Energy from Nuclear Fusion

Nuclear fusion is, to put it simply, smashing very light atoms together to make heavier ones. In the process they release a large amount of energy which we can harness for electricity.


In principle this sounds straightforward, but in practice the technological hurdles we have to jump are quite high. Fusion occurs naturally all across the universe every star in the sky, including our own, is a giant fusion reactor. All life on Earth is a result of sunlight, and therefore a result of fusion. But what actually is fusion?


All matter in the universe is made up of atoms, incredibly small in size. These in turn are made up of protons and neutrons which form a nucleus, and electrons which orbit at a distance. The lightest atom of all is hydrogen-1. The “1” simply means that it has a mass of one atomic unit because it consists of just one proton and electrons have negligible mass. Uranium-238, on the other hand, is a heavy metal and has a mass of 238 atomic units (92 protons and 146 neutrons).


Atoms are unstable to some extent and will always try to become more stable. The most stable element of all is Iron-56, so heavy atoms like uranium-238 will split up to get closer to it, whilst light atoms like hydrogen-1 must join together to do so. Whenever an atom moves closer to Iron-56 it releases energy, as described by Einstein’s famous equation E=MC^2. Fission, the most common nuclear reaction on Earth, uses the splitting up method to release energy, whilst fusion uses the joining up approach.


We could try and use hydrogen-1 atoms, but they only consist of protons and all elements heavier than it require neutrons. Luckily, a form of hydrogen with one neutron exists called deuterium-2, and another with two neutrons called tritium-3. These can fuse into helium-4. Notice though that the masses don’t quite add up; two and three make five. This means that one of the neutrons is not needed and is released. Since we now have all the building blocks for heavier atoms deuterium and tritium seem good ingredients to use.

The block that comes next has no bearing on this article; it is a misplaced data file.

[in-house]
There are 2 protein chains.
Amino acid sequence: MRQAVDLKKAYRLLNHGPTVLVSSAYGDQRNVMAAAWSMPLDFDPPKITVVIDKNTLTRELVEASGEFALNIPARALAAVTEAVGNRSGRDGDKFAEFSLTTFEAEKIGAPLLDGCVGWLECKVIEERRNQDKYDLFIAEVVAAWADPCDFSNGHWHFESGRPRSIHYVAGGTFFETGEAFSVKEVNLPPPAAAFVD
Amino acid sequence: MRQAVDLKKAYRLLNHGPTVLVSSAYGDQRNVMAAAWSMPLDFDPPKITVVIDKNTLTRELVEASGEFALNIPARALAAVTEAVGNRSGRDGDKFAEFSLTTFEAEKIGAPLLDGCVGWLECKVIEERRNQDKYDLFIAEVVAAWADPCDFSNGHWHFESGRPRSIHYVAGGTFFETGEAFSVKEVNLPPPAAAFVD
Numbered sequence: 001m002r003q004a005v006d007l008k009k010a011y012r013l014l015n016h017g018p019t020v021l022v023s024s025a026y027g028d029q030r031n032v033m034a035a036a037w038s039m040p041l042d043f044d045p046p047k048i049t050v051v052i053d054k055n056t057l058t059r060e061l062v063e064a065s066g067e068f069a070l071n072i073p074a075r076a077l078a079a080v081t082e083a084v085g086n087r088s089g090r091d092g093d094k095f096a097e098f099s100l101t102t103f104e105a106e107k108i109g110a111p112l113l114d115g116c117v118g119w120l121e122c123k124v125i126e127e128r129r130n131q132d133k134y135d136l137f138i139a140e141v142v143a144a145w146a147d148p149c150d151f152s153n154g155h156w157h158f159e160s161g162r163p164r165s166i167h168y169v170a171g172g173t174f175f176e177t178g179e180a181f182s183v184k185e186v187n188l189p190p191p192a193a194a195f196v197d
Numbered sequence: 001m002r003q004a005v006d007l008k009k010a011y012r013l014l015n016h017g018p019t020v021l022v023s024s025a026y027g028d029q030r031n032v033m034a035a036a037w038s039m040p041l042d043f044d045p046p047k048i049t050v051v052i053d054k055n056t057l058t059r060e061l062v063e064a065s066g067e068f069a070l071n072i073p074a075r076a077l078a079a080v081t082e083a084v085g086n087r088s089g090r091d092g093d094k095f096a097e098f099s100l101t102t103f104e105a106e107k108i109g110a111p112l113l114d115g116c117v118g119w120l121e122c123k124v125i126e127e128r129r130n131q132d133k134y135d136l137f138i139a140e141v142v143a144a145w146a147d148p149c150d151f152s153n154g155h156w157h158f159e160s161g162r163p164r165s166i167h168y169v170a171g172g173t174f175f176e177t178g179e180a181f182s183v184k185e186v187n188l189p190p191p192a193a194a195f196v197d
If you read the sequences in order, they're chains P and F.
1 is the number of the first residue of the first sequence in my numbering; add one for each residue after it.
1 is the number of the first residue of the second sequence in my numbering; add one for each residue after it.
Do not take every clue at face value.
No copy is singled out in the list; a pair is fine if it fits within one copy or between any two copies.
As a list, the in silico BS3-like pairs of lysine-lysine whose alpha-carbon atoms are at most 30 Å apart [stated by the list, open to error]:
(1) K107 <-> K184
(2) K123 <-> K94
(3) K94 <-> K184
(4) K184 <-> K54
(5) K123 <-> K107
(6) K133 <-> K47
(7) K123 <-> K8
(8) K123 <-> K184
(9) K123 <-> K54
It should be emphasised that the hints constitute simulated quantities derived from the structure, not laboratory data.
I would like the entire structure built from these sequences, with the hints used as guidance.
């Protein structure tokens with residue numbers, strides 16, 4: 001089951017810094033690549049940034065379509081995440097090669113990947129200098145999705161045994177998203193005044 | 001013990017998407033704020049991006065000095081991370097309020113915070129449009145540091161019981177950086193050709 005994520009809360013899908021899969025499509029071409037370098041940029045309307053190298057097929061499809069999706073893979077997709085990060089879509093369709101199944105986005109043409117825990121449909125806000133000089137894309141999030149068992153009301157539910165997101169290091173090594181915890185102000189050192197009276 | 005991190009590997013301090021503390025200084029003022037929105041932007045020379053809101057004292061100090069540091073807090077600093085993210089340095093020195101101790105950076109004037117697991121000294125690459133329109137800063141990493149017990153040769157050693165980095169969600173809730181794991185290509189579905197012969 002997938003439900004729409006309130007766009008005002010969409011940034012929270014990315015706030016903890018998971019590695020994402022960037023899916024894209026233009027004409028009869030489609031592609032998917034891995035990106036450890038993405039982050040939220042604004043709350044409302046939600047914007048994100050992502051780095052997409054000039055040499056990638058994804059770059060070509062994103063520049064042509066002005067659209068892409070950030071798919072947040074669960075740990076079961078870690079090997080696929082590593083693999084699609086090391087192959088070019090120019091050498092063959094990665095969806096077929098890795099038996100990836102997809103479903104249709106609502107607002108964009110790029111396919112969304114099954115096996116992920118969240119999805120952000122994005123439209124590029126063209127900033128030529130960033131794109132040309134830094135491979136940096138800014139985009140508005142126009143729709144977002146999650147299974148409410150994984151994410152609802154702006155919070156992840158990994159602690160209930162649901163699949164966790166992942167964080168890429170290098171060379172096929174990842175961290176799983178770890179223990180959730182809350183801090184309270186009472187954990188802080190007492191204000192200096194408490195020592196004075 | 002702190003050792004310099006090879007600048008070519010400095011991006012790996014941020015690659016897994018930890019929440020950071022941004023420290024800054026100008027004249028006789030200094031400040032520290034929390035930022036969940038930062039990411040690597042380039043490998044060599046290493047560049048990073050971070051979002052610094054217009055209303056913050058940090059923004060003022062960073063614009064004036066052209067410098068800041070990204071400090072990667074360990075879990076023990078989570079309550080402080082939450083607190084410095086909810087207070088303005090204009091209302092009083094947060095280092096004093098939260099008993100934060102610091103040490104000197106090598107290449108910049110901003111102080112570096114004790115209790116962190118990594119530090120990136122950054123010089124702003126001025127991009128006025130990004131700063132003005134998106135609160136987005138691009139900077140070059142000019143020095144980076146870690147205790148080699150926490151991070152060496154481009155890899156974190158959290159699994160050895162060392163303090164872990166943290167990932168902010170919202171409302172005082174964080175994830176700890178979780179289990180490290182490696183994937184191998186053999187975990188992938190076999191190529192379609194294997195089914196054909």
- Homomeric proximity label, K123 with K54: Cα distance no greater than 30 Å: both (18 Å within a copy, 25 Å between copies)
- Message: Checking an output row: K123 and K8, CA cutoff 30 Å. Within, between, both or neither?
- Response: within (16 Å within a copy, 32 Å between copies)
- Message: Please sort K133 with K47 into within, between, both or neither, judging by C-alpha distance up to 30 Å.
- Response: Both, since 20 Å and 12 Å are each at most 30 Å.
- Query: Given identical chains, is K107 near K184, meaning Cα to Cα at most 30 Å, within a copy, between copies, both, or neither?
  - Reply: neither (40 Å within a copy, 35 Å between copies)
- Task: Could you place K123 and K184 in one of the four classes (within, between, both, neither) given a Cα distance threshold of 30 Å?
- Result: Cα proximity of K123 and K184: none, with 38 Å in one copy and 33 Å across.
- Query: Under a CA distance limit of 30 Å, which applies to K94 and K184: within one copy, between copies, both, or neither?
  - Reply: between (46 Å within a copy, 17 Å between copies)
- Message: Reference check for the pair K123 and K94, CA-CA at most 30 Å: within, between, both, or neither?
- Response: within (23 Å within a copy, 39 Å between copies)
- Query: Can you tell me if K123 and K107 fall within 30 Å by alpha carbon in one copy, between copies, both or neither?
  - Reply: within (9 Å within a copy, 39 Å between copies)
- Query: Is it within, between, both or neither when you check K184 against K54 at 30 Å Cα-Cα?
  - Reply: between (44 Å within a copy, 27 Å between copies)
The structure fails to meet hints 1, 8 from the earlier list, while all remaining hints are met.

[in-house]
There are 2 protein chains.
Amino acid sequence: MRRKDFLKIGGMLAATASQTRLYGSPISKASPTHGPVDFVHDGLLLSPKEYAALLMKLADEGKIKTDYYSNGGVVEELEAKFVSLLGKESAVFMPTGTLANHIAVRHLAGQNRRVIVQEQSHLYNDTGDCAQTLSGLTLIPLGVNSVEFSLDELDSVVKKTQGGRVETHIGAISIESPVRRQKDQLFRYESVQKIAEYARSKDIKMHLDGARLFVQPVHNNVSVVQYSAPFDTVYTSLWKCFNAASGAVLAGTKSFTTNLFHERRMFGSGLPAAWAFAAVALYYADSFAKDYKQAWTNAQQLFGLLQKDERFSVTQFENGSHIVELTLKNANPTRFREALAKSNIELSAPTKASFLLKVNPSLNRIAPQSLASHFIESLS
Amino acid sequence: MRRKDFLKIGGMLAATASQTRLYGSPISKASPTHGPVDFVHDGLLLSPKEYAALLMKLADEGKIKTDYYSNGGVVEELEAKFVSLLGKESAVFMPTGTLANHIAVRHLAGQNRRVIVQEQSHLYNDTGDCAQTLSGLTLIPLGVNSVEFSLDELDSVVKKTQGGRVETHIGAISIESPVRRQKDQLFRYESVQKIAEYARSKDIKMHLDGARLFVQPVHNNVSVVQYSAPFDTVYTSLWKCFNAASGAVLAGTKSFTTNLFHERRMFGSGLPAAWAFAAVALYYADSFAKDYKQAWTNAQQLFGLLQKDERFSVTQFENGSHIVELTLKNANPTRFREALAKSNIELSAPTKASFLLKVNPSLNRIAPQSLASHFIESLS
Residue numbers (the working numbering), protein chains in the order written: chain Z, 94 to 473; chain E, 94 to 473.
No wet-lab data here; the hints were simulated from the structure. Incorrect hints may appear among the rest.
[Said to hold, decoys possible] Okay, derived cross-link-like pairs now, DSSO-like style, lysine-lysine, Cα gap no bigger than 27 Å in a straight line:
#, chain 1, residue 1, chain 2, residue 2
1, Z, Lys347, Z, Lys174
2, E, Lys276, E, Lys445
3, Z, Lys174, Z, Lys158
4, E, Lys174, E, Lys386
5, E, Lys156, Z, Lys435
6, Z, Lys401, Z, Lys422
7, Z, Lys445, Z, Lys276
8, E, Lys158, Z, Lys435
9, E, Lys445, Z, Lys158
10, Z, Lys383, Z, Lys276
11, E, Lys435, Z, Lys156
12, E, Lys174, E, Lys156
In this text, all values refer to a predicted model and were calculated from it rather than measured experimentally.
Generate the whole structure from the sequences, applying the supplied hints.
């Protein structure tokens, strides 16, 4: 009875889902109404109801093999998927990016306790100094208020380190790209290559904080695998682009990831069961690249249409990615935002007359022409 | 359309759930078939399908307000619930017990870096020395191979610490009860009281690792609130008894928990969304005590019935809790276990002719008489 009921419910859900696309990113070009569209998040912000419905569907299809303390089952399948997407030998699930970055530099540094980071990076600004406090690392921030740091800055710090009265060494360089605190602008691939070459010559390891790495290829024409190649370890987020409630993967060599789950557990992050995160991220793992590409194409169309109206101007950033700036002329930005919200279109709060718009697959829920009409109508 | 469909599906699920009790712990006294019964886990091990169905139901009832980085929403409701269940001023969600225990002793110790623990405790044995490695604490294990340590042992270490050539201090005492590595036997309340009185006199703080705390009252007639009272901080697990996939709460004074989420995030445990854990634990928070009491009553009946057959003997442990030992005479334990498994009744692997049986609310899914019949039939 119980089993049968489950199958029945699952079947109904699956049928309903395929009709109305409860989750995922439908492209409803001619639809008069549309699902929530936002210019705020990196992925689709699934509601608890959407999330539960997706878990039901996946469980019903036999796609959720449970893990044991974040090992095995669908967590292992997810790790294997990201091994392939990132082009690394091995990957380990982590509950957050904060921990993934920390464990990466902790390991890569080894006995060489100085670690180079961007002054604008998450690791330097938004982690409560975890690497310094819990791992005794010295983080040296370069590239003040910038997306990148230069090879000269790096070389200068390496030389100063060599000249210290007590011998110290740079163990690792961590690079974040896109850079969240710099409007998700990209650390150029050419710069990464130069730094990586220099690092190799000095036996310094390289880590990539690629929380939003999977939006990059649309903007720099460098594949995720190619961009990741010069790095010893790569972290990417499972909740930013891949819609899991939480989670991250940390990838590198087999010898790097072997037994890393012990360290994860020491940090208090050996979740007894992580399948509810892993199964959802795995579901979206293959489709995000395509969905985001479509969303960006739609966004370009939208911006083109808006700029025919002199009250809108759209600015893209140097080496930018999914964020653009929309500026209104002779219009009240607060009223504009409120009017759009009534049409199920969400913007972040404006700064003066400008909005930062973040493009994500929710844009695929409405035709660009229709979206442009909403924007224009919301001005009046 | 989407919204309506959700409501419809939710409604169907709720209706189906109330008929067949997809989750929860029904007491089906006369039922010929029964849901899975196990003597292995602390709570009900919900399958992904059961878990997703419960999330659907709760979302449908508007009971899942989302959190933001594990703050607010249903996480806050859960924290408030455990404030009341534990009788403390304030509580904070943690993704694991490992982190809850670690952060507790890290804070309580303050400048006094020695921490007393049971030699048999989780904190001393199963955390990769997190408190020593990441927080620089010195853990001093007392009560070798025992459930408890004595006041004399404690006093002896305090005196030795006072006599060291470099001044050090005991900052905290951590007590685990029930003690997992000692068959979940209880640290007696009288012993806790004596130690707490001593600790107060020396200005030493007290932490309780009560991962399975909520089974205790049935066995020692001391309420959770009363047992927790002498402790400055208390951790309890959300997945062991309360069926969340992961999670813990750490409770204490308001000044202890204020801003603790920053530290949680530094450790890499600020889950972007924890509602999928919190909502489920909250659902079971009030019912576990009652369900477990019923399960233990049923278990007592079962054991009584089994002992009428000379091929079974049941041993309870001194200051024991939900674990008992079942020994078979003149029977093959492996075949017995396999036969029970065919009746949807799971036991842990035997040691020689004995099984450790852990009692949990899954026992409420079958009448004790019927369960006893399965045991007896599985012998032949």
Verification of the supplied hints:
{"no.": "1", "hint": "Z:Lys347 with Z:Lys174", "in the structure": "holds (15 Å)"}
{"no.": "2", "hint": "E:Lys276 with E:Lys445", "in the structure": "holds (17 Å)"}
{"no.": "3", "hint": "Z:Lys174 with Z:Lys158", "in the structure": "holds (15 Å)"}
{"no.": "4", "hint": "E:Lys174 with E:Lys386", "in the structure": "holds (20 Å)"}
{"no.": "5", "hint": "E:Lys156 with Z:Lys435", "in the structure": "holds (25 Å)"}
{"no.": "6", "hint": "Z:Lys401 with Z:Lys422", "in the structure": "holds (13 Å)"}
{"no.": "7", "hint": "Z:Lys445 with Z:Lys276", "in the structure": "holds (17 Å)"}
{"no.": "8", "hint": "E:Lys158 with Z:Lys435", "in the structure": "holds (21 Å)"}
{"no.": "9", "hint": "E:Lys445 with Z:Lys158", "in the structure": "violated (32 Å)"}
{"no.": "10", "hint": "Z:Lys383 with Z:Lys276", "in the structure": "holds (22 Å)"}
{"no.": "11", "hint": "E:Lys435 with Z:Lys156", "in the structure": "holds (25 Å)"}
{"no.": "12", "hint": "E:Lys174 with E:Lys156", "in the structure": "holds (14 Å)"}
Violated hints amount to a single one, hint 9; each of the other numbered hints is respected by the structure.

This all sounds good so far, all we have to do then is get some deuterium-2, and make it join up with tritium-3 atoms to make helium-4 and release energy! Well, yes, but it’s not easy. The nucleus of an atom will try to repel other nuclei if they get close due to their electric charge. Luckily, the strong nuclear force that holds nuclei together will take over and pull them together over extremely short distances. The trick is getting them close enough.


To increase the chances of them colliding we have to get them moving very fast indeed. We do this by heating them up – nice and warm at a toasty 25 million degrees. At this temperature the atoms lose their outer electrons and form a conductive fluid called plasma.

To heat up the plasma an electric current is run through it. The plasma is confined to a donut-shaped reactor called a tokamak by powerful magnetic fields, and because the plasma forms a closed circle it acts like a coil – it is effectively a giant transformer. Radio waves can be used to heat the plasma even further. If the plasma is kept hot enough, fusion will occur. Hopefully, the moment fusion occurs it produces more heat and if a chain reaction starts the heat from fusion is enough to keep the reactor running by itself. The reactor is now self-sustaining, and as long as sufficient fuel is available it will keep producing more and more heat.


This heat can be absorbed by a cooling system and used to heat water, driving steam turbines in much the same way as any conventional power plant. Once a reaction is self-sustaining it produces far more power than is put in to contain the plasma, to the point where a handful of fusion reactors could solve a country’s energy needs. Not only this, but the reactor’s only waste product is helium-4, completely harmless to life and great for inflating children’s balloons.


At present, fusion reactors that “break even” and make the same amount of power they need to run are relatively easy to build and exist all across the world, but a reactor that produces net power output is yet to be built. This is due to that fact the technology to cope with such intense temperatures has only recently been developed, although the first power generating plant, DEMO, is expected to be ready within the next 15 years.


The dream of cheap, clean energy is within our grasp, and the time is right to be pursuing it.

Read also: Nuclear fission vs. fusion